Report authors note that without the rights of free speech and protest—which are protected by the US Constitution—other abuses by the fossil fuel industry can go unchallenged. In Arkansas, for example, state law provides an automatic right to eminent domain for oil pipeline construction, meaning that easement rights can be granted without permission from homeowners if deemed necessary. In Virginia, homeowners were arrested for protesting the construction of a pipeline on their own lands after easement rights were granted. 

Nicholas Robinson, Senior Legal Advisor, International Center for Not-for-Profit Law, said: “The fossil fuel industry has lobbied for these extreme anti-protest laws to shut down criticism of them. Climate change is an urgent challenge and all Americans, including the communities most impacted by these fossil fuel projects, have a right to have their voice heard, not silenced, at this critical moment for the planet.”

Maya Golden-Krasner, deputy director of the Center for Biological Diversity’s Climate Law Institute, said: “This report exposes the insidious tactics the oil industry uses to suppress opposition to its dangerous drilling. It took more than seven years for our organization and community allies to beat back baseless legal harassment by the oil industry in Los Angeles. We need strong laws that protect environmental defenders, not loopholes and subsidies that further Big Oil’s well-funded campaign of deception and greed.”

Industry-government coordination to criminalize and silence protest 

This investigation revealed a pattern of close-knit cooperation between fossil fuel companies and law enforcement which often aim to equate nonviolent protest with domestic violent extremism. This can include fossil fuel companies providing subsidies to law enforcement agencies, coordinating protest responses and sharing personal information on activists, and deploying private security firms whose personnel included “off-duty” police officers. Law enforcement authorities, sometimes working side-by-side with private security paid for by fossil fuel companies, have used hostile tactics to quell pipeline protests including:

  • Water cannons and rubber bullets against water protectors resisting the construction of the Dakota Access Pipeline (Morton County Sheriff’s Office).
  • Buffer zones that prevented food from being delivered to protesters engaged in tree-sits along the Mountain Valley Pipeline route (US Forest Service).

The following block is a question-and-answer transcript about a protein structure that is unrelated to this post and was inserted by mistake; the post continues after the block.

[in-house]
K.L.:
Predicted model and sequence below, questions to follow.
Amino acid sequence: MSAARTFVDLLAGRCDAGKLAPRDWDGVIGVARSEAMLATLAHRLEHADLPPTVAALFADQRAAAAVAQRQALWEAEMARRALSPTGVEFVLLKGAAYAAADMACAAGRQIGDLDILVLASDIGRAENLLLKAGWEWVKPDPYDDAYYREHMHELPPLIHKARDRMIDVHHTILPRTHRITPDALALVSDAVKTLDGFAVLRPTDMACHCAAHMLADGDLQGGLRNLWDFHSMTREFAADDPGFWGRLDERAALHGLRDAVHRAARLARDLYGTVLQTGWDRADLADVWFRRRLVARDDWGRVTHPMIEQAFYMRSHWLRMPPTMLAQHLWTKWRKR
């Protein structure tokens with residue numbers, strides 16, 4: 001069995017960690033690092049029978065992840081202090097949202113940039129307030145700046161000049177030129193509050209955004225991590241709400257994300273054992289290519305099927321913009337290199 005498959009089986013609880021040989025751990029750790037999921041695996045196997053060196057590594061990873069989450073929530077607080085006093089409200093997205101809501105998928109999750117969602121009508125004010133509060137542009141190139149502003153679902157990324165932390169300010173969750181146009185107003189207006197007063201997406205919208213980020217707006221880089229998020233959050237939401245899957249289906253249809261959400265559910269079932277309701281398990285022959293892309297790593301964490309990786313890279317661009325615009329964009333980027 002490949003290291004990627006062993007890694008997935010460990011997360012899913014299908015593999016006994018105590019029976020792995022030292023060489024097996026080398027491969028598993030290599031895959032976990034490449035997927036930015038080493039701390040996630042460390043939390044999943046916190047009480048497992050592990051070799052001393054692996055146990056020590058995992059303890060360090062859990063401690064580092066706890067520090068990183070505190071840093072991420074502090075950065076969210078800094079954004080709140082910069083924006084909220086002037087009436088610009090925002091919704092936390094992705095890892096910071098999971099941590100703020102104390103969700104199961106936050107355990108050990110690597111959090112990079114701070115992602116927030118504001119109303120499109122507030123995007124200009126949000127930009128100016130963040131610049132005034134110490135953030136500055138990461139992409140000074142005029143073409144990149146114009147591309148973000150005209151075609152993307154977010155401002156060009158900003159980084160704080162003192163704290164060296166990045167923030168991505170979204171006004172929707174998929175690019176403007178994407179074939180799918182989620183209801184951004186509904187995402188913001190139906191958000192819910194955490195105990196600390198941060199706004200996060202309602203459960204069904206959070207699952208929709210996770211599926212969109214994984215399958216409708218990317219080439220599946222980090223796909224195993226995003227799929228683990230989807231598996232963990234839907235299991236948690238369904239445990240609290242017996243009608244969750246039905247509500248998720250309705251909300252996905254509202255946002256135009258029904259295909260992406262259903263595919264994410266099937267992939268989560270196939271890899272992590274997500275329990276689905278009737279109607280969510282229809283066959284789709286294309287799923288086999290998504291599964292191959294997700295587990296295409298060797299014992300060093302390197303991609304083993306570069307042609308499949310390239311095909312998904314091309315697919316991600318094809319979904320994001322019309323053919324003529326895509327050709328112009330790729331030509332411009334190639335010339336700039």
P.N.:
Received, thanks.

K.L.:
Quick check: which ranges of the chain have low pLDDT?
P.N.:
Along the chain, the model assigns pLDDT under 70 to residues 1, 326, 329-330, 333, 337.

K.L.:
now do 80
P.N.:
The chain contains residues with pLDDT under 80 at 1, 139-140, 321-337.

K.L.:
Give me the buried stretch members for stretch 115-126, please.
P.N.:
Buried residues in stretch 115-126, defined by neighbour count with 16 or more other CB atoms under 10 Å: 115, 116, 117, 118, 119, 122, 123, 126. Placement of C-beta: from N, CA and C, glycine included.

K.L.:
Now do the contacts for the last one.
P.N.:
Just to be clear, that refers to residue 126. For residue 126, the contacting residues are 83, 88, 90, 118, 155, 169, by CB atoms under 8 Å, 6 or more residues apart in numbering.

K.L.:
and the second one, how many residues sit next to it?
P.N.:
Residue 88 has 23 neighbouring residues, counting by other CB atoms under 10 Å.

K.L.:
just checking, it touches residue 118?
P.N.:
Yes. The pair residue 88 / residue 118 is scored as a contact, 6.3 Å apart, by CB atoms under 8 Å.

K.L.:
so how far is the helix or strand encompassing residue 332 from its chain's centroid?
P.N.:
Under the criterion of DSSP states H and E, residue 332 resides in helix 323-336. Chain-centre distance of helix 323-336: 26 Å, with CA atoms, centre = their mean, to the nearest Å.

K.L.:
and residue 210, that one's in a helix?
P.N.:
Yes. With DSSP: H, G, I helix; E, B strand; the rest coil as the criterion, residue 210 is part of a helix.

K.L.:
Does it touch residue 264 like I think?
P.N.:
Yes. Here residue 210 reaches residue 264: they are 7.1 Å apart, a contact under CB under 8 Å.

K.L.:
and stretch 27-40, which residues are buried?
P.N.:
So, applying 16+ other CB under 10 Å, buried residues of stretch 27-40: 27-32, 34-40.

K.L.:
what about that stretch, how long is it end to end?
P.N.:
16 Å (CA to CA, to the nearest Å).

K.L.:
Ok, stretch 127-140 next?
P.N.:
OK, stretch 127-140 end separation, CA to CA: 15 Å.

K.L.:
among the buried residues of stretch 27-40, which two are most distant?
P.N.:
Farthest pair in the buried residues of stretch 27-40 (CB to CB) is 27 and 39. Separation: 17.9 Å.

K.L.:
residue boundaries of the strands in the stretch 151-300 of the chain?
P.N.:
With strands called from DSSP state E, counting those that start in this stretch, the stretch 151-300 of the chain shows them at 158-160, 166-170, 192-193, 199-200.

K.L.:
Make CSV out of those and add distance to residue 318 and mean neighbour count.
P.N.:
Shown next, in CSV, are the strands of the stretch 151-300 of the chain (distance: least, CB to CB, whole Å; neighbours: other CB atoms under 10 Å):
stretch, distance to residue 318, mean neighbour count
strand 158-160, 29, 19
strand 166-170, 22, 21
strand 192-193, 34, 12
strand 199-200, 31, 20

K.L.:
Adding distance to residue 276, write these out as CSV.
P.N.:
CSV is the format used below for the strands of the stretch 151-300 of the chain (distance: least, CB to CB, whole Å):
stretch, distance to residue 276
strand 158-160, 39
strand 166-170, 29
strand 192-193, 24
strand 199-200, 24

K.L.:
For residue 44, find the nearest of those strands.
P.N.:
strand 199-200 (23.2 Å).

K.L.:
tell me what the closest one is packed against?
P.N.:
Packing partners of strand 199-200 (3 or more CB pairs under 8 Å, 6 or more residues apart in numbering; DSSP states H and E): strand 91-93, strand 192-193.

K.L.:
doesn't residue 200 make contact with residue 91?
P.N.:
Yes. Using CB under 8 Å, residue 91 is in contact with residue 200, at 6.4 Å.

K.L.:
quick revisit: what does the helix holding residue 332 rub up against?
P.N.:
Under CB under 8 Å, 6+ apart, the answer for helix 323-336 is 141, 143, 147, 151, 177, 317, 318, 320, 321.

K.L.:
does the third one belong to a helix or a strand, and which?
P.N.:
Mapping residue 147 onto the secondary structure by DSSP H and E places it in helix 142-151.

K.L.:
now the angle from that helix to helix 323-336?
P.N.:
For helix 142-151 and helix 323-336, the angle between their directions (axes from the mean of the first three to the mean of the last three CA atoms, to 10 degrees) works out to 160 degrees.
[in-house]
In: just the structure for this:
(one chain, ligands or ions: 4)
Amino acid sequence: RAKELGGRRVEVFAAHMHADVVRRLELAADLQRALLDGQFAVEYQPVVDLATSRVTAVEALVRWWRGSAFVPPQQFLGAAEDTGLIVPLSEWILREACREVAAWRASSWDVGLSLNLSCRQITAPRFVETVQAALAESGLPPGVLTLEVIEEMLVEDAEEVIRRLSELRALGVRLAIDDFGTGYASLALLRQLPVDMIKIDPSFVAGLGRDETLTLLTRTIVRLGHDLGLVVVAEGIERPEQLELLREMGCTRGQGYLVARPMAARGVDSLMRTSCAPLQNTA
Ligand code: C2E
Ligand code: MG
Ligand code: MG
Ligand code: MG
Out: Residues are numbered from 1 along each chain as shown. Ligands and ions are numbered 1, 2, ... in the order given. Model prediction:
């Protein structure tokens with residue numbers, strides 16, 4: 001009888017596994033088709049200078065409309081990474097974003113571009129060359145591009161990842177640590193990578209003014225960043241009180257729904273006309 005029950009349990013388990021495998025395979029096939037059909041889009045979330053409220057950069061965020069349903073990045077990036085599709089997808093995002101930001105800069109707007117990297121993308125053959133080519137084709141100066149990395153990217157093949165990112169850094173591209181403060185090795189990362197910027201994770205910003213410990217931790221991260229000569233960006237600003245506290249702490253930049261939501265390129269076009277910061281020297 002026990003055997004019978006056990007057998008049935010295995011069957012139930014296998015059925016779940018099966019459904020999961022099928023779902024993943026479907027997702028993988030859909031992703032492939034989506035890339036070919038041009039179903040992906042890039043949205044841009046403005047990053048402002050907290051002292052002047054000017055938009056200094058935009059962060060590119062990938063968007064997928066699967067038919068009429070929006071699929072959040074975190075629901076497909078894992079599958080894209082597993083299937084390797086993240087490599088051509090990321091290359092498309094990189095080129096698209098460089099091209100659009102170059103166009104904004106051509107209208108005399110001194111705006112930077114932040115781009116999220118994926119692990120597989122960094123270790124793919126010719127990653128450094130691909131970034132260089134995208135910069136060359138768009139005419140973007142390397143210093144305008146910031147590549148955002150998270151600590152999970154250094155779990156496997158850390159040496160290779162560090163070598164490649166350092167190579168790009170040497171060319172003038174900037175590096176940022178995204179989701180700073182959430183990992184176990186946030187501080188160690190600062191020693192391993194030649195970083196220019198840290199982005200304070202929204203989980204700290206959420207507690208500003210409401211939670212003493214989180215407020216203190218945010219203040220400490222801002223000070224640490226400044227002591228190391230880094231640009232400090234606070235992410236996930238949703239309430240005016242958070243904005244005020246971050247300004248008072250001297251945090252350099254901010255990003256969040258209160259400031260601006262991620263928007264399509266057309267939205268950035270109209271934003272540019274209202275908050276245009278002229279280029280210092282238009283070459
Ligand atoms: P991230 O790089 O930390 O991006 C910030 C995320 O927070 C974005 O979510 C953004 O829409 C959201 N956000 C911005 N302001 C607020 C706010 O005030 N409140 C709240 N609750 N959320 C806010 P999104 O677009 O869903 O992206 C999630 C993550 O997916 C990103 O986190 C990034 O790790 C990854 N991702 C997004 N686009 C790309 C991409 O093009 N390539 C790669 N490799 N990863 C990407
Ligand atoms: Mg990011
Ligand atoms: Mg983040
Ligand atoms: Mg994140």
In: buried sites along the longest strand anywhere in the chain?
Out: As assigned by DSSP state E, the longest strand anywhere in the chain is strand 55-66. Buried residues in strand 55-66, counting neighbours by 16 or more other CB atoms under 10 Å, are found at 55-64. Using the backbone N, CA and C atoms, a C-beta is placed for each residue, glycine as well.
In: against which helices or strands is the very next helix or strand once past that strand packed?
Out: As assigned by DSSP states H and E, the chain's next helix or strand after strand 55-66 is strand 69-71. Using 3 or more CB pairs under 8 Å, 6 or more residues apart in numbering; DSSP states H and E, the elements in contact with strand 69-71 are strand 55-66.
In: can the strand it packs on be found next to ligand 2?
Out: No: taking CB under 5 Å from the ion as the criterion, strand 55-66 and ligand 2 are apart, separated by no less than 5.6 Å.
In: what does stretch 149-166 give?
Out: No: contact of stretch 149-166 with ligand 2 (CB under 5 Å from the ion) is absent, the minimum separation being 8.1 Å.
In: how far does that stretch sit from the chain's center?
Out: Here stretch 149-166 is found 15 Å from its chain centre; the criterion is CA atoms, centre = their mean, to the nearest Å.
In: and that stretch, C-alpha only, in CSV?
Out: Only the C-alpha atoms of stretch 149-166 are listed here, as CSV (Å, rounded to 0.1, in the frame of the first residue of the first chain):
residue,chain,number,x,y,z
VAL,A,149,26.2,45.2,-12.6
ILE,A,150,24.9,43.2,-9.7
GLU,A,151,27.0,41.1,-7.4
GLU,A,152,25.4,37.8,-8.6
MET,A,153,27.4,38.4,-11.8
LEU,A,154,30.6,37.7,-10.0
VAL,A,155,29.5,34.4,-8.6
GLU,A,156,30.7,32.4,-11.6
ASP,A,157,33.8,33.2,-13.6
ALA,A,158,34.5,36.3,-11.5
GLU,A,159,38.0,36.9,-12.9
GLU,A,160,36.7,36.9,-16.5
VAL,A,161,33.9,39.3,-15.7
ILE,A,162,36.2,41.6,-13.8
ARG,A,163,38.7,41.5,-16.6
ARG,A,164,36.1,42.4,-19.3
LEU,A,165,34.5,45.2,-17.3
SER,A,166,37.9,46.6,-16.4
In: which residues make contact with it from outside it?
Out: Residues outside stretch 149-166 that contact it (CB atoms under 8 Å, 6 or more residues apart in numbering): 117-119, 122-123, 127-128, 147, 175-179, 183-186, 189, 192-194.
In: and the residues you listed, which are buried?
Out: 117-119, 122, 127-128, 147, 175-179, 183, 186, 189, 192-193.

• Pain compliance—a form of legal torture—against water protectors engaged in equipment lockdowns blocking Line 3 construction (Hubbard County Sheriff’s Office).

Andres Chang, Greenpeace USA Senior Researcher and the report’s author, said: “The rise of these tactics is a direct reaction to the impact of the mass protests at Standing Rock. It is time to stop pretending that the fossil fuel industry is so vital to our national interest that it needs to be protected from any and all criticism; nothing could be further from the truth. Black, Brown, Indigenous, and low-income communities are getting hit by climate change and polluting oil and gas projects first and hardest, and their voices need to be heard, not silenced.”

Policy recommendations

The report concludes with a dozen policy recommendations for local, state, and federal governments to address the industry’s “playbook” of tactics that threaten free speech, Indigenous sovereignty, and climate action. These recommendations would strengthen the voice of communities whose rights and livelihoods have been pushed aside for fossil fuel expansion, and cover four themes:

  • Protect the right to protest and dissent.
  • Reaffirm Indigenous sovereignty and provide redress for human rights violations.
  • Strengthen the rights of communities to defend themselves against the harms of the fossil fuel industry.
  • Prevent law enforcement from serving the interests of the fossil fuel industry over the interests of the general public.


Contact: Jamie Kalliongis, Greenpeace USA Campaign Communications Director, [email protected], +1 (314) 651-7497.

Greenpeace USA is part of a global network of independent campaigning organizations that use peaceful protest and creative communication to expose global environmental problems and promote solutions that are essential to a green and peaceful future. Greenpeace USA is committed to transforming the country’s unjust social, environmental, and economic systems from the ground up to address the climate crisis, advance racial justice, and build an economy that puts people first. Learn more at